The Role of Interaction Formats in Language Acquisition

  • Jerome Bruner
Part of the Springer Series in Social Psychology book series (SSSOC)

Abstract

Learning a native language is an accomplishment within the grasp of any toddler, yet discovering how children do it has eluded generations of philosophers and linguists. I would like to take this opportunity to ask anew some puzzling questions about what it is, beyond a splendid nervous system, that makes it possible for the young child to acquire language so swiftly and so effortlessly. Perhaps they are no longer puzzling questions save to those of us who have spent a great deal of time working and brooding over whether the acquisition of knowledge about the social world and about the world generally is in some sense constitutive of language.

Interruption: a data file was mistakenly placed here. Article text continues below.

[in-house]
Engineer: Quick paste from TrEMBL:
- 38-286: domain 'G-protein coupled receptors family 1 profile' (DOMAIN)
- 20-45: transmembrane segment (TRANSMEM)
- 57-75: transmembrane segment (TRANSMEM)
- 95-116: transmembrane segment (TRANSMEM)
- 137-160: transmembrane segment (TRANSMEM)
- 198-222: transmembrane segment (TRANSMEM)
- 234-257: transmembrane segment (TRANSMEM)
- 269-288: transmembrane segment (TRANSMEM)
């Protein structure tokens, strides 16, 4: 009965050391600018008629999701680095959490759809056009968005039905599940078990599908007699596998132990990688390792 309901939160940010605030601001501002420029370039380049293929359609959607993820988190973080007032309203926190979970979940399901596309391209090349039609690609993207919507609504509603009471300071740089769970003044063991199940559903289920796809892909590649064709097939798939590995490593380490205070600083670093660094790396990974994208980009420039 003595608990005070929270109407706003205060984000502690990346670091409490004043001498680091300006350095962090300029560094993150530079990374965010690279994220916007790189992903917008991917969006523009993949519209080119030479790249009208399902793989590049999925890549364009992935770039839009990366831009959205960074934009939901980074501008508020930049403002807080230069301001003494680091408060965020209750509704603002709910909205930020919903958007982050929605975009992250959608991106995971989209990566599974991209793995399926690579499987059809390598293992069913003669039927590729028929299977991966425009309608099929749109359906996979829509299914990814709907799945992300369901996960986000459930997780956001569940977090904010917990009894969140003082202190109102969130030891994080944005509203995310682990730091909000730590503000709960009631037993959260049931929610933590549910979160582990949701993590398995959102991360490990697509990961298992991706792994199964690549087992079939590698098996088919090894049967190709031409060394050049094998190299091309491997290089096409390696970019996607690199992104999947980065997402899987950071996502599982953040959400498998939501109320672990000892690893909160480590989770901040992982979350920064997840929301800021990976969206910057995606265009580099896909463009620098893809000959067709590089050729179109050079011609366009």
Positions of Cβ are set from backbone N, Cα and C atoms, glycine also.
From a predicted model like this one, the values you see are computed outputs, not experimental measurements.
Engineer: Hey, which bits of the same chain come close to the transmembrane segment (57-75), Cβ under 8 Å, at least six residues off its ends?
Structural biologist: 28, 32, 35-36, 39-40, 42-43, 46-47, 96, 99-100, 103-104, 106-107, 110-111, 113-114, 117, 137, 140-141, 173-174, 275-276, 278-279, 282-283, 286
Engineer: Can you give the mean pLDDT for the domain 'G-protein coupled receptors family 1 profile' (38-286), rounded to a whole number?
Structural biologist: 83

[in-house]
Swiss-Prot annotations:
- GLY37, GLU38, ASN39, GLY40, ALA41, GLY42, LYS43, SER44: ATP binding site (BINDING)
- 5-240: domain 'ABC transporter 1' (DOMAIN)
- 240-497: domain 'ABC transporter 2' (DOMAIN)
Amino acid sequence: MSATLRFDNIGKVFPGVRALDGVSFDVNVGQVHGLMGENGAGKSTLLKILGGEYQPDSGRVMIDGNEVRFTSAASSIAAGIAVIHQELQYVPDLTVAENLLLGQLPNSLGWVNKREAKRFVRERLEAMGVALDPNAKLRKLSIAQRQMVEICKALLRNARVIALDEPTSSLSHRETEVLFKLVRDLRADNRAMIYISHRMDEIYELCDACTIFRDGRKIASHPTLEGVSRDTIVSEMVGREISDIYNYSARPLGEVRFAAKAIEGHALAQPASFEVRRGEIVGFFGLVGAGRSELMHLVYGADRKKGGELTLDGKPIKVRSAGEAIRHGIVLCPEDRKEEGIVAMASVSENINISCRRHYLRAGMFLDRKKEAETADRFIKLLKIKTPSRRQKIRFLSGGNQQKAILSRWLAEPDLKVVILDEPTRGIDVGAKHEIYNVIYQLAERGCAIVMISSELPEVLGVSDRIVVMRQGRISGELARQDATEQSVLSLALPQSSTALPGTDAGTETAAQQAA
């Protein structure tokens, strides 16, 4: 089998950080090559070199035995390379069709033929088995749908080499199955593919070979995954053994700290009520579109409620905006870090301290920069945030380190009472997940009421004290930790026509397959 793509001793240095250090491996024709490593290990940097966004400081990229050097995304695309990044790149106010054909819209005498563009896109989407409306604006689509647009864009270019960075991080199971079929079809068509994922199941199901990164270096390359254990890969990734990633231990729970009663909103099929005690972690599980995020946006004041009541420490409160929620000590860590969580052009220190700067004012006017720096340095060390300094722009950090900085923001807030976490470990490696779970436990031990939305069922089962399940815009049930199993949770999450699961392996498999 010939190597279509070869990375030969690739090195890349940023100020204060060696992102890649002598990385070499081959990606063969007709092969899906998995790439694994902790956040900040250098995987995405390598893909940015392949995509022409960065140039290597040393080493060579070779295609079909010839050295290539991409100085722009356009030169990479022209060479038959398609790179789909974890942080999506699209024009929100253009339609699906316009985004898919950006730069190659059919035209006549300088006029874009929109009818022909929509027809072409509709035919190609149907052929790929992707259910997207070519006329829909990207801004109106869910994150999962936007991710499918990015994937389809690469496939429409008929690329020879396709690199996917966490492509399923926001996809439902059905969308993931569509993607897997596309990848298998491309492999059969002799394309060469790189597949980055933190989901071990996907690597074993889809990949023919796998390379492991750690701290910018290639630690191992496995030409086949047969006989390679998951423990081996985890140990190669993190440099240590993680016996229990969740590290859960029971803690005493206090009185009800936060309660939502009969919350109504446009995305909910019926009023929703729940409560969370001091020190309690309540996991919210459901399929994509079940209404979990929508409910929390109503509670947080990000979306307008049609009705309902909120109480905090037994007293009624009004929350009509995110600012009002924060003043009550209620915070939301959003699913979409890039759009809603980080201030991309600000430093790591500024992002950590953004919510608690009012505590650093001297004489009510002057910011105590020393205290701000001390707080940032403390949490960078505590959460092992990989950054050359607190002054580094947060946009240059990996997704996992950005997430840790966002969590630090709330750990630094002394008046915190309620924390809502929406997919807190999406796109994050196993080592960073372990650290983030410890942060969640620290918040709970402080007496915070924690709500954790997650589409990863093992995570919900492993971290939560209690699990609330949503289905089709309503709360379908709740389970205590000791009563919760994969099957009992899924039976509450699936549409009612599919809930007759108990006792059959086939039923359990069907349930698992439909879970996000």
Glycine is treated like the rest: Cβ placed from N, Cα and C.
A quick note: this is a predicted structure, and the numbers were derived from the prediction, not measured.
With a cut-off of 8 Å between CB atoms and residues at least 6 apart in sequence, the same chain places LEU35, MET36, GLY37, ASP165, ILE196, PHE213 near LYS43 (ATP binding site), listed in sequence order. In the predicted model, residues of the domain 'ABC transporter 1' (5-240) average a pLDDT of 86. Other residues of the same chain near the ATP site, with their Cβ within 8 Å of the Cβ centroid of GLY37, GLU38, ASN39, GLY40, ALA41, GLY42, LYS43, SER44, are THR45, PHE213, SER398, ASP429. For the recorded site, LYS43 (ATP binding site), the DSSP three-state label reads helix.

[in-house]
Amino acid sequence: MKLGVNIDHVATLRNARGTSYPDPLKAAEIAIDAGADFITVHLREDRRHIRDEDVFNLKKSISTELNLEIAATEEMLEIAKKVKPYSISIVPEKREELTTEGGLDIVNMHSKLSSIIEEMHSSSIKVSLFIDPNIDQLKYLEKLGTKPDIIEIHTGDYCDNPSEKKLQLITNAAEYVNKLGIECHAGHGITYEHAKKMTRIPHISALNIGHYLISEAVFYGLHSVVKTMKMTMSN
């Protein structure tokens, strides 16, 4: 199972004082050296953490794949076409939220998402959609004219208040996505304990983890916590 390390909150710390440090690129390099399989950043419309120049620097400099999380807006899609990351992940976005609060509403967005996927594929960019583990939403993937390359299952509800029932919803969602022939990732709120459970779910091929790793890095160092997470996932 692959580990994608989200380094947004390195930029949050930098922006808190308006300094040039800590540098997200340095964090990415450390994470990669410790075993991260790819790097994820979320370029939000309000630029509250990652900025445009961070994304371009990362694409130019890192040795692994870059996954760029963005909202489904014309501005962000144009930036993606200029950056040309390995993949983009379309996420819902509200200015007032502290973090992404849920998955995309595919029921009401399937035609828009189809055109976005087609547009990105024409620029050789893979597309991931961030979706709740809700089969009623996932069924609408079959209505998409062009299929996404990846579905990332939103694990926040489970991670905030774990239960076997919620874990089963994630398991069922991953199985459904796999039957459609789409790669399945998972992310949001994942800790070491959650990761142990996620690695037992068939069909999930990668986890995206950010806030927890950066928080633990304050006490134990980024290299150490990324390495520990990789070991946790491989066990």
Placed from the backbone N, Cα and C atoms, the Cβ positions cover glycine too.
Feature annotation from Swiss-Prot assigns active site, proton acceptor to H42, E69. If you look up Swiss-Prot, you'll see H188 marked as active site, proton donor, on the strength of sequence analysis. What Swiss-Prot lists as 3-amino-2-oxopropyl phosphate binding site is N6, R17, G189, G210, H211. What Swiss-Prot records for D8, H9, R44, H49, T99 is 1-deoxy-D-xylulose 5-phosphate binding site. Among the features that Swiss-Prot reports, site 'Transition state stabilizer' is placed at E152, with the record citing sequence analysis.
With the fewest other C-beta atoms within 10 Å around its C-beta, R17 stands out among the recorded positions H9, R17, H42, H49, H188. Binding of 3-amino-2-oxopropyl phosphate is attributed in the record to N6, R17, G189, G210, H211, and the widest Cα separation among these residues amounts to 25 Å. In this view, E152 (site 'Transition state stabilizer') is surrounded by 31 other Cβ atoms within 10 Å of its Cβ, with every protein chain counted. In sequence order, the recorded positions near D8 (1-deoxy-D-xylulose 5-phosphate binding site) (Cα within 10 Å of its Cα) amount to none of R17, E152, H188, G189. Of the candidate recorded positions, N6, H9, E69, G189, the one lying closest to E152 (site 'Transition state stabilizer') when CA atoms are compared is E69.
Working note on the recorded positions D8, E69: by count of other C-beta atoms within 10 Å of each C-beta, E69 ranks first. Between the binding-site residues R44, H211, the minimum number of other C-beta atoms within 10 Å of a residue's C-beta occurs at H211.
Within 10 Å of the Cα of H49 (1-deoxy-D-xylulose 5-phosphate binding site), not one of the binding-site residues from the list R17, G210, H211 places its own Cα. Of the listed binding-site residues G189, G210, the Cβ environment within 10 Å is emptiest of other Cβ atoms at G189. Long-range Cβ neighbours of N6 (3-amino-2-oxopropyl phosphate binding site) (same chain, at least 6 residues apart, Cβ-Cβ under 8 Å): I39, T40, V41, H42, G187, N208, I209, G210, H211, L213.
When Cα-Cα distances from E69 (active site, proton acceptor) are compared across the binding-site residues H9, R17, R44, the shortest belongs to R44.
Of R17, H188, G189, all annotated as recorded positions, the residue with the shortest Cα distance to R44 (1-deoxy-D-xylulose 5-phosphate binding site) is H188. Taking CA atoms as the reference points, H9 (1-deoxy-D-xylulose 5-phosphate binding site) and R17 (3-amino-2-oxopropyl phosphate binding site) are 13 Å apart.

Keywords

Assure Sorting Plague Rote 

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Copyright information

© Springer-Verlag New York Inc. 1985

Authors and Affiliations

  • Jerome Bruner

There are no affiliations available

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